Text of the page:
Alright. Looking into that Allison Gulch this week. I've heard of it before and thought it required equipment or was out of my league. The Pole of Inaccessability looks crazy!!! I will DEFINITELY be looking to that and the triple crown loop VERY soon. I will probably start with attempting to climb the ridge up to Baden Powell from Iron Fork. That is the only part that seems to be unexplored. But shit....that whole loop is far beyond my current limitations. I am looking to get to that level. It will just take me a very long time haha
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PostPosted: Sun Sep 20, 2015 11:54 pm    Post subject: Reply with quote

Hey, congratulations on an epic journey.

Quote:

Alright. Looking into that Allison Gulch this week. I've heard of it before and thought it required equipment or was out of my league.


I went up to the mine via Allison Gulch in the spring. I had always heard/assumed the same thing but was surprised to find that the "trail" bypassing the falls in the gorge had been worked by someone and was pretty straightforward once you found it. The difficulty is locating the point where the trail leaves the canyon bottom and starts the switchbacks up the north side of the canyon. You could follow that trail to the mine and beyond, or perhaps use that trail to find a way up the south east ridge and make a direct line for the summit. The trail passes through some pretty crumbly and loose terrain above a few big drops into the gorge, so I'm sure that whole area would be more of the same once you're off trail.
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PostPosted: Mon Sep 21, 2015 12:20 am    Post subject: Reply with quote

walker wrote:
I went up to the mine via Allison Gulch in the spring. I had always heard/assumed the same thing but was surprised to find that the "trail" bypassing the falls in the gorge had been worked by someone and was pretty straightforward once you found it.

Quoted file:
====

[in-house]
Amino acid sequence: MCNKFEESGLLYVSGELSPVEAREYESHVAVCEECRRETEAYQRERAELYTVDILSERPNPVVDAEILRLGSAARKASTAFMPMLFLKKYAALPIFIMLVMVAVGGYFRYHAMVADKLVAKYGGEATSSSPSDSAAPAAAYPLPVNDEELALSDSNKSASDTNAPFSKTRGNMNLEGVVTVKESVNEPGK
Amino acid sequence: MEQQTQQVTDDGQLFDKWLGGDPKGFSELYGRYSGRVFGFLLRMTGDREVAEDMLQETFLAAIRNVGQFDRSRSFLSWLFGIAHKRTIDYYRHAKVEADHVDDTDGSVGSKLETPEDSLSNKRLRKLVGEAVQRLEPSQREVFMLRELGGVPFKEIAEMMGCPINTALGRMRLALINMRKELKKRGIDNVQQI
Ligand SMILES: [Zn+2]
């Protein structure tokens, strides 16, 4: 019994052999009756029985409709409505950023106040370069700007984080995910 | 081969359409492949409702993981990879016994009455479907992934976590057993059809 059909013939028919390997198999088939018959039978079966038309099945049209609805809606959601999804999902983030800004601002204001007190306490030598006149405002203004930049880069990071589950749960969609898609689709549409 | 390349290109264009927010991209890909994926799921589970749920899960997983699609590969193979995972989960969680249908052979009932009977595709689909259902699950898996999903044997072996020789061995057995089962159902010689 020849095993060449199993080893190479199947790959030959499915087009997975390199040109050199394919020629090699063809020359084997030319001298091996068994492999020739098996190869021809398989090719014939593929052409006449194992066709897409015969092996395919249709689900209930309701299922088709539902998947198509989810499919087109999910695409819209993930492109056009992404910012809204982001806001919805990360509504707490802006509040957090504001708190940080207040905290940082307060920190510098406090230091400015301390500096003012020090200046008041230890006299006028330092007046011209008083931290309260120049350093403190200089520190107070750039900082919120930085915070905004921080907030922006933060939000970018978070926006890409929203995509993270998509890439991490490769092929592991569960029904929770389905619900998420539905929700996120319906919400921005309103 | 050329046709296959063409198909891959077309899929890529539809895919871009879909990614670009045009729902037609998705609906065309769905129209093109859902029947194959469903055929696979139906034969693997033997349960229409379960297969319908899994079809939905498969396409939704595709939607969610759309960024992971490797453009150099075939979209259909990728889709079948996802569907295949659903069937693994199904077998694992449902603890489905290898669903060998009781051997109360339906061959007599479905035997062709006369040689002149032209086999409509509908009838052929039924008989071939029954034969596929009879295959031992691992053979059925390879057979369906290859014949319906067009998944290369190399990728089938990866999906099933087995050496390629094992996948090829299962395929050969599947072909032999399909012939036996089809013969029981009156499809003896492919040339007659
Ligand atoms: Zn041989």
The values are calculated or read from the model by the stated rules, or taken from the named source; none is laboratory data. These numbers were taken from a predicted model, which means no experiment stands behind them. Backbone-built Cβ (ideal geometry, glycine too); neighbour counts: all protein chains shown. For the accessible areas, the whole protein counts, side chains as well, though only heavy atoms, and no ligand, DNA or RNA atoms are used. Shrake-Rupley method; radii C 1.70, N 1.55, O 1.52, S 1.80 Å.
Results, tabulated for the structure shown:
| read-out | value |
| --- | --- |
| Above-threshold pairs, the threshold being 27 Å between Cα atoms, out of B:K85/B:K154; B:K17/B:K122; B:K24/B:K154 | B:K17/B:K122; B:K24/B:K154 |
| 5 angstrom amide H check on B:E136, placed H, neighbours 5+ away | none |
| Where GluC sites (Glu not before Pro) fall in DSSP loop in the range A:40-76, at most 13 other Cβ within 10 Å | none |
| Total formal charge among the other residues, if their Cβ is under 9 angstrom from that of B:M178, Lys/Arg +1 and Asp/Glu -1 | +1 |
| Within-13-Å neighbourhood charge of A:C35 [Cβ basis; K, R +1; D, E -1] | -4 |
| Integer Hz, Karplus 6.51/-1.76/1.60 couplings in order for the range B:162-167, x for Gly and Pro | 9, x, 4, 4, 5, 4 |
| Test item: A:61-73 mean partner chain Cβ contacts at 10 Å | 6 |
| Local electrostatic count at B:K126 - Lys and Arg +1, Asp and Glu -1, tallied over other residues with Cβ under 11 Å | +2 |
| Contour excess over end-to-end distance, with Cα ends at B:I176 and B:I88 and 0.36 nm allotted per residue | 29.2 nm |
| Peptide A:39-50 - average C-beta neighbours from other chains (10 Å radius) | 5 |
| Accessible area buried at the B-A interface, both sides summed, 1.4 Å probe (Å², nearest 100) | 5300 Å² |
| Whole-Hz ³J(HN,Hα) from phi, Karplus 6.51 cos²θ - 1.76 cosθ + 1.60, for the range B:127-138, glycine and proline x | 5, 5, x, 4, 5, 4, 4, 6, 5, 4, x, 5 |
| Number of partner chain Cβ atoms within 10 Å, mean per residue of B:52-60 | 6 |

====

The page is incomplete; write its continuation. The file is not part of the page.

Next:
The last time I was in the area (3 years ago or so) the trail from Allison Gulch up to the mine was clear and easily traveled. I added the route to OSM, and unless something changed since then, it should be correct:

http://www.openstreetmap.org/#map=18/34.26999/-117.73326
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PostPosted: Mon Sep 21, 2015 5:57 am    Post subject: Reply with quote

Here is the summitpost article on the southwest (corrected from southeast) ridge  route. There is a picture of the talus slope where you leave the trail.

http://www.summitpost.org/southwest-ridge-from-allison-mine/384585
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PostPosted: Mon Sep 21, 2015 1:08 pm    Post subject: Reply with quote

So I'm looking at google earth to plan my Ascent of Ross Mountains South East Ridge. It looks like way too much bush compared to the South Ridge. Anyone care to look into this? I am considering heading to the Southern most ridge and sticking to the gully on the right as long as possible until ascending what looks like scree slopes to get to that ridge.
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PostPosted: Tue Sep 22, 2015 7:02 pm    Post subject: Reply with quote

_kick_rocks_ wrote:
So I'm looking at google earth to plan my Ascent of Ross Mountains South East Ridge. It looks like way too much bush compared to the South Ridge. Anyone care to look into this? I am considering heading to the Southern most ridge and sticking to the gully on the right as long as possible until ascending what looks like scree slopes to get to that ridge.


I think by the south ridge you mean the one with subpeak 5995? Id prefer that one...but best way is you have to use serious energy to scramble up IF past the dayhike turnaround point and then go up the ridge that has the "3800" on it. Super duper steep. Pretty though.

That scree slope is basically vertical. There is a less steep version of it on the Airplane Flats to pk 4775....and I cant imagine anyone being able to go down that one muchless up. I kid with Ze and call em Z slopes.
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PostPosted: Tue Sep 22, 2015 9:07 pm    Post subject: Reply with quote

Thanks for the info you guys. I did it today. I'm not sure how but I did it. I'll write a trip report soon.